The MedCity INVEST conference, scheduled for April 19-23, is offering new ways for healthcare startups to connect with investors at the online event. Ask the Investor sessions will provide a way for startups to get insights on investment strategy and to pose questions about funding and more.
Ellen Herlacher Principal, LRV Health, is one of a handful of investors taking part in these sessions. She will be joined by Dennis Depenbusch, Director New Ventures, BCBS Kansas and president of Mid-America Healthcare Investors Network (MHIN) and Austin Duke, Senior Venture Associate, UnityPoint Health Ventures.
Although registration to INVEST is free, startups will be asked to pay $99 to participate in Ask the Investor sessions. Each virtual meeting will include one investor and last for 45 minutes. Following the investor’s presentation on their investment strategy and area of interest, startups will be asked to provide a 1-minute company overview. There will be an opportunity for Q&A. Investors will receive executive summaries for each startup with contact information.
Space is limited to 10 startups per meeting. Please register here.
Herlacher said she decided to participate in the Ask the Investor session in part because the last year has been so tough on entrepreneurs. The lack of in-person meetings in the past year has meant fewer opportunities for them to network and meet potential partners, customer, employees, or investors.
“I can relate because, as an investor, I’ve missed being able to have chance encounters and thoughtful conversations with talented entrepreneurs, too. I’m really looking forward to the Ask the Investor session at INVEST because it will help fill that void a little bit.”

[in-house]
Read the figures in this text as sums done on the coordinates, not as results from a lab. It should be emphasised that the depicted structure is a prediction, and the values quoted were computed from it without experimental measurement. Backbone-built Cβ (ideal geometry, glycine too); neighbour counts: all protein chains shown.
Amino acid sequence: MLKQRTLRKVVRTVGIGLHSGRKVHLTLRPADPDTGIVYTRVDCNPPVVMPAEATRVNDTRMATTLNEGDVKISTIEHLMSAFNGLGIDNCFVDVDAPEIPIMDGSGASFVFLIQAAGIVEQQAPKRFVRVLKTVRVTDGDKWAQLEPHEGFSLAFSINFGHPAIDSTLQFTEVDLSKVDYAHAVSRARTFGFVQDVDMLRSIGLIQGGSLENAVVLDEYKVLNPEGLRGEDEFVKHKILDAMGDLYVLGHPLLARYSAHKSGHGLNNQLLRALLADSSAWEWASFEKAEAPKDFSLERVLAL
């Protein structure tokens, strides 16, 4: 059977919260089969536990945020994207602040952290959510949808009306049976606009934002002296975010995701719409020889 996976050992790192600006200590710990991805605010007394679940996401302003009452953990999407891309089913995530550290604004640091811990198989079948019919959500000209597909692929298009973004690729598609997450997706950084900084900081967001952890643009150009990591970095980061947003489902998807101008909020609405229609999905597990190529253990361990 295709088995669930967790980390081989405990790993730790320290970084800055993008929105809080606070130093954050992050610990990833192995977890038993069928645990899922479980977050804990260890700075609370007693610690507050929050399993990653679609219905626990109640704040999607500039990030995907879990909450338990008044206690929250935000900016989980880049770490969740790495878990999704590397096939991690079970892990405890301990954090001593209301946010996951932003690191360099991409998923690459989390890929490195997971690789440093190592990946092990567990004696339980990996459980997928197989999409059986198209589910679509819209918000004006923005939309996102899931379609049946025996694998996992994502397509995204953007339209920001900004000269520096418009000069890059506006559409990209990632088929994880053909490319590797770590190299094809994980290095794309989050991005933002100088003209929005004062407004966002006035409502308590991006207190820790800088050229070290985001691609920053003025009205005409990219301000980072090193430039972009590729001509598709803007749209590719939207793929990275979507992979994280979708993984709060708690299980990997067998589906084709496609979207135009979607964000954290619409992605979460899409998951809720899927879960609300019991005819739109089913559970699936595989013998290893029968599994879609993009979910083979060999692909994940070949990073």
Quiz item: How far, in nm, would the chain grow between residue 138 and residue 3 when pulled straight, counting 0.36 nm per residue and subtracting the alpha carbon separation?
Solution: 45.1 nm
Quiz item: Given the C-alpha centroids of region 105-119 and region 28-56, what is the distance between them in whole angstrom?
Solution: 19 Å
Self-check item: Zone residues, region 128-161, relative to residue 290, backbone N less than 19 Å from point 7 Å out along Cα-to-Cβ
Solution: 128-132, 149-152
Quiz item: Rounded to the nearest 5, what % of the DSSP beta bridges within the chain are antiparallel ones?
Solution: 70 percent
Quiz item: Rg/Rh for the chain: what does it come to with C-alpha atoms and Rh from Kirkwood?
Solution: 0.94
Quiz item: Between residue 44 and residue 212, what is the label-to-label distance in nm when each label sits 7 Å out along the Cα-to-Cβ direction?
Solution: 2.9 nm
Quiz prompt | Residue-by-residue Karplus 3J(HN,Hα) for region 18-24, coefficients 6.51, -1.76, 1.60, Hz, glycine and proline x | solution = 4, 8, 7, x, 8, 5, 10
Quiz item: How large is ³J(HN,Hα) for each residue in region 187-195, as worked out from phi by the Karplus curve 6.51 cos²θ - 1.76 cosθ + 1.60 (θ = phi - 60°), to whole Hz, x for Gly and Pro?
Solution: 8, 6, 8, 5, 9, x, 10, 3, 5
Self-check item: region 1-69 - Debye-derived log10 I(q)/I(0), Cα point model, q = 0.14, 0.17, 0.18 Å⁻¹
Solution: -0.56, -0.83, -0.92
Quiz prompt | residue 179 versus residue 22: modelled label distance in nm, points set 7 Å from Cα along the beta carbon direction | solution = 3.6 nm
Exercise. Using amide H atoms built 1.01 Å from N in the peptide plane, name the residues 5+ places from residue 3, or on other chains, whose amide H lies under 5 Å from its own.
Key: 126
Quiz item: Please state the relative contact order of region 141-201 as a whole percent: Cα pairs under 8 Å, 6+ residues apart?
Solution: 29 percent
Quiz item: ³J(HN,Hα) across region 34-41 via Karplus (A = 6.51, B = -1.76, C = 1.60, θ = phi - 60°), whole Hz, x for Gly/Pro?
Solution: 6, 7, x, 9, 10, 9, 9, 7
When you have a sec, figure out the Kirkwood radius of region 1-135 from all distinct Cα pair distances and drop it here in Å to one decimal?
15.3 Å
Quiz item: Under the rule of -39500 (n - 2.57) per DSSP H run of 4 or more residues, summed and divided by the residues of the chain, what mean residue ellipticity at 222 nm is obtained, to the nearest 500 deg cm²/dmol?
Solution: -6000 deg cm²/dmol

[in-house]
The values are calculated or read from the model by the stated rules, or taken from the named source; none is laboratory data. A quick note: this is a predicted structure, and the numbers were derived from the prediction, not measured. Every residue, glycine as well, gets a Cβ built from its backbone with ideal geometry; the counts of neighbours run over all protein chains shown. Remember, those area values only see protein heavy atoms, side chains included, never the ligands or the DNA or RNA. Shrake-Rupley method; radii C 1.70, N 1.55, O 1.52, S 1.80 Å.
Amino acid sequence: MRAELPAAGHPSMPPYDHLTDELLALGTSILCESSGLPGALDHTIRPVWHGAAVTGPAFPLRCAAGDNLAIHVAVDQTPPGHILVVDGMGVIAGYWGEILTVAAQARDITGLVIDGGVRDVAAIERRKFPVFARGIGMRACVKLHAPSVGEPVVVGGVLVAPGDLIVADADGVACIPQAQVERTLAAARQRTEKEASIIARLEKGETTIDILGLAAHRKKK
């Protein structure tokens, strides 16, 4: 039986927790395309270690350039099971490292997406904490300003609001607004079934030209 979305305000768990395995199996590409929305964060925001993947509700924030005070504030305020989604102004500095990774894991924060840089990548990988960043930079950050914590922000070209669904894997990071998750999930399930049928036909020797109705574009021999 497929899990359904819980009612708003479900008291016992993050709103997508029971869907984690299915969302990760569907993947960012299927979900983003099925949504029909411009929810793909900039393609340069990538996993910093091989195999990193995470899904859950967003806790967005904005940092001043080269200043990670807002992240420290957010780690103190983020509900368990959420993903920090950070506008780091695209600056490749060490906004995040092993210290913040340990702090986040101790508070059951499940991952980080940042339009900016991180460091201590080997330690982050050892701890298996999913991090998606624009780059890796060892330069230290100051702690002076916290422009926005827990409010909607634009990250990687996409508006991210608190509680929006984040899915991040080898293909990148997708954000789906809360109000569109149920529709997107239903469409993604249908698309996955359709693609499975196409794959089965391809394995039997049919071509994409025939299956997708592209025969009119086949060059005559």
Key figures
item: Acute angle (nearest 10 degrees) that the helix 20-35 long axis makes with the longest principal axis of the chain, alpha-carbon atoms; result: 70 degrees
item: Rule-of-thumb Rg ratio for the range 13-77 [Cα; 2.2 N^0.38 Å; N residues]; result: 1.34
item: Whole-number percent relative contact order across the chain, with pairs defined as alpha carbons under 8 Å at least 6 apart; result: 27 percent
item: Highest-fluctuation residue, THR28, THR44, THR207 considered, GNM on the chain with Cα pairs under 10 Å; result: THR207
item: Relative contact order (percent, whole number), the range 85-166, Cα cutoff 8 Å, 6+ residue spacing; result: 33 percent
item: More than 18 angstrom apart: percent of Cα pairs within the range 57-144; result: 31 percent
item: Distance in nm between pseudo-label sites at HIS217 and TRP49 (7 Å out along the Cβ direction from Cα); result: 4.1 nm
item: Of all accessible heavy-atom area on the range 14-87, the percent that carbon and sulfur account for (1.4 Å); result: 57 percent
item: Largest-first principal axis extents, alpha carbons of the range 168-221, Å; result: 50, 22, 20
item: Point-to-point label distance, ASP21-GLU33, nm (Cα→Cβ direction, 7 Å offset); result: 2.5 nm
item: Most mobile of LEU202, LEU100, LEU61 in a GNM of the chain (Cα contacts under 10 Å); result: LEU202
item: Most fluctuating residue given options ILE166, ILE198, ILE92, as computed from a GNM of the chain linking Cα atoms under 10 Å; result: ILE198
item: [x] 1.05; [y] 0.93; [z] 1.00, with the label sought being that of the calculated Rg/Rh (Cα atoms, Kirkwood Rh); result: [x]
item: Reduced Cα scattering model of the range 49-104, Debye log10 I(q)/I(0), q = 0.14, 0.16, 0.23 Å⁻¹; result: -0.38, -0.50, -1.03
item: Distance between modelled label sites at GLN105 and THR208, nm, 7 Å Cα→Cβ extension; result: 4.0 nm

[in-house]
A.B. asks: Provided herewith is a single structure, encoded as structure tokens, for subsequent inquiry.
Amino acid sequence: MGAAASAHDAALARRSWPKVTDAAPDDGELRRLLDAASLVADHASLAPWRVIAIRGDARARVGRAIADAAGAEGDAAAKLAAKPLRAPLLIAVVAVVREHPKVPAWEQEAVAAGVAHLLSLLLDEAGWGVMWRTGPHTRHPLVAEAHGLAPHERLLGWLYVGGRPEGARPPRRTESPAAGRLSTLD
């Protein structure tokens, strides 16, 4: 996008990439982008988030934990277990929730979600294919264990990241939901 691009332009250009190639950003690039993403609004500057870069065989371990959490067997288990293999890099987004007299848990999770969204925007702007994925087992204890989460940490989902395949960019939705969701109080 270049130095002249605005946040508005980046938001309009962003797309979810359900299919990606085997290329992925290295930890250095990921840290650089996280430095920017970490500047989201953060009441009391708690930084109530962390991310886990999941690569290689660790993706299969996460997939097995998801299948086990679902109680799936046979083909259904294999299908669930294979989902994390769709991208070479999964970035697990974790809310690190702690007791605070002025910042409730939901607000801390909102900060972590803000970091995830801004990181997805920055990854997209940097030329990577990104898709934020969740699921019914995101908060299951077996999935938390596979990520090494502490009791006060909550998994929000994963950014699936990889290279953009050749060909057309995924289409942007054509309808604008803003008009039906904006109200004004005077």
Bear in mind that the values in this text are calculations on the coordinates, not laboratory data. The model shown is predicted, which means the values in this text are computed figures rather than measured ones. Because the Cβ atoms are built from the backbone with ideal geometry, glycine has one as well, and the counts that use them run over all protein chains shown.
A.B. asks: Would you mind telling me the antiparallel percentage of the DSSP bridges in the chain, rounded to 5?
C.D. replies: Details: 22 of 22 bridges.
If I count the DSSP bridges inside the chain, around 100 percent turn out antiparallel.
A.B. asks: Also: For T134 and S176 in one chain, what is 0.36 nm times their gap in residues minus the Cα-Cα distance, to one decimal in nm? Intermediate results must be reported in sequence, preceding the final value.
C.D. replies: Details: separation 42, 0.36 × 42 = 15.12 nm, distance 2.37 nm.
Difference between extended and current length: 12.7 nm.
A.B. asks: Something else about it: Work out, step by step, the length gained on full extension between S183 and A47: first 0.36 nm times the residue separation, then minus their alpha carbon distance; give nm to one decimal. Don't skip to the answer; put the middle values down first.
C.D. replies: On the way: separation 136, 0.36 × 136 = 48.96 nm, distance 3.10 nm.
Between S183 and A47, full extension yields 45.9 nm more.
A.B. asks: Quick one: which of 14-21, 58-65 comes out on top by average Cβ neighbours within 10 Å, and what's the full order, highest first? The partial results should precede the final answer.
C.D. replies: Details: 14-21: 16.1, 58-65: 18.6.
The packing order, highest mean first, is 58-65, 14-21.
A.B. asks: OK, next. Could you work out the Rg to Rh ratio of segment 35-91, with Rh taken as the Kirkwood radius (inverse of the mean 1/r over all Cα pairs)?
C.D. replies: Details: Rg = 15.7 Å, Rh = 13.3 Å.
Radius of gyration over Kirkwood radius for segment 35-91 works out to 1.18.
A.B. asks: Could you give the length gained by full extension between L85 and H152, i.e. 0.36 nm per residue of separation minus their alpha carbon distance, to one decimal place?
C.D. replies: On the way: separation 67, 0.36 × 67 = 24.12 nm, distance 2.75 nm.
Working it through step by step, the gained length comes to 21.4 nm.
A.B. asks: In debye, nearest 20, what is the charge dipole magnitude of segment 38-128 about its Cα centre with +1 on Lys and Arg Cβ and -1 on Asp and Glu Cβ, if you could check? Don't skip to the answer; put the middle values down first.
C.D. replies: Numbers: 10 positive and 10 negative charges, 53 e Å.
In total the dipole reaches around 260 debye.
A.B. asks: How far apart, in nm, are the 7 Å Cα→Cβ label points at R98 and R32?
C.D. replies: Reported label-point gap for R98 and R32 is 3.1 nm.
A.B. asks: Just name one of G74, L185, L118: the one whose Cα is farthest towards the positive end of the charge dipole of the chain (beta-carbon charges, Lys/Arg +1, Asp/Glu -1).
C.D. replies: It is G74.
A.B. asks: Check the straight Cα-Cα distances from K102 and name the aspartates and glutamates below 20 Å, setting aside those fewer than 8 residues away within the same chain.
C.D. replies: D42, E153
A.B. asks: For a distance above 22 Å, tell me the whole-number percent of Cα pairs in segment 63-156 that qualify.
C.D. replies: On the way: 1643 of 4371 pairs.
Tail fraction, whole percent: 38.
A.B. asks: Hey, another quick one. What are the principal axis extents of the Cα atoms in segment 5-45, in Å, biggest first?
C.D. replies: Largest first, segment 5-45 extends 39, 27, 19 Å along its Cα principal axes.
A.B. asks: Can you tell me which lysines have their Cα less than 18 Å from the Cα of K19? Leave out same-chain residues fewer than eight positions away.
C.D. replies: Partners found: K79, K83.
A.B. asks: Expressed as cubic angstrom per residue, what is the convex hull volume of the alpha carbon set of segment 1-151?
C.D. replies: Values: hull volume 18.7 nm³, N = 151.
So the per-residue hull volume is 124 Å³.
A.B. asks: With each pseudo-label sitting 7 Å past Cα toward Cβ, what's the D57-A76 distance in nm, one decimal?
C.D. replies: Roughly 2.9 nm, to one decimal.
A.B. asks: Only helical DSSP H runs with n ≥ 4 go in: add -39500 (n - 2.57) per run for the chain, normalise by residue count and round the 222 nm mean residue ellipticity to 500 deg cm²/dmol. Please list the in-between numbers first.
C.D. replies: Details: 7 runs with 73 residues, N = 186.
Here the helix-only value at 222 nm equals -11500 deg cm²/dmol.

In response to emailed questions, Herlacher noted that LRVHealth is a venture platform that invests exclusively in early stage digital health companies.
“Our investment dollars are 100% strategic, which is to say that our investors are a mix of healthcare systems, payers, and large healthcare IT vendors. We draw heavily from their perspectives as well as from our collective experiences as healthcare operators to invest in companies that improve the delivery and administration of healthcare and make people healthier.”
Asked what kinds of criteria LRVHealth considers when deciding whether to work with a startup, Herlacher noted that strategic alignment with the investment themes the firm has developed through close counsel with its network, based on their current and future priorities, is the most important consideration.
“On top of that, I also look for thing like quality and aptitude of the team, size of the market and competitive dynamics, business model, and go-to-market strategy.”
Herlacher said healthcare startups should work with LRVHealth because the firm is interested in developing deep and meaningful partnerships that are backed by industry experience and a network of healthcare leaders, decision makers, and buyers.
“We have a track record of success that extends over two decades.”
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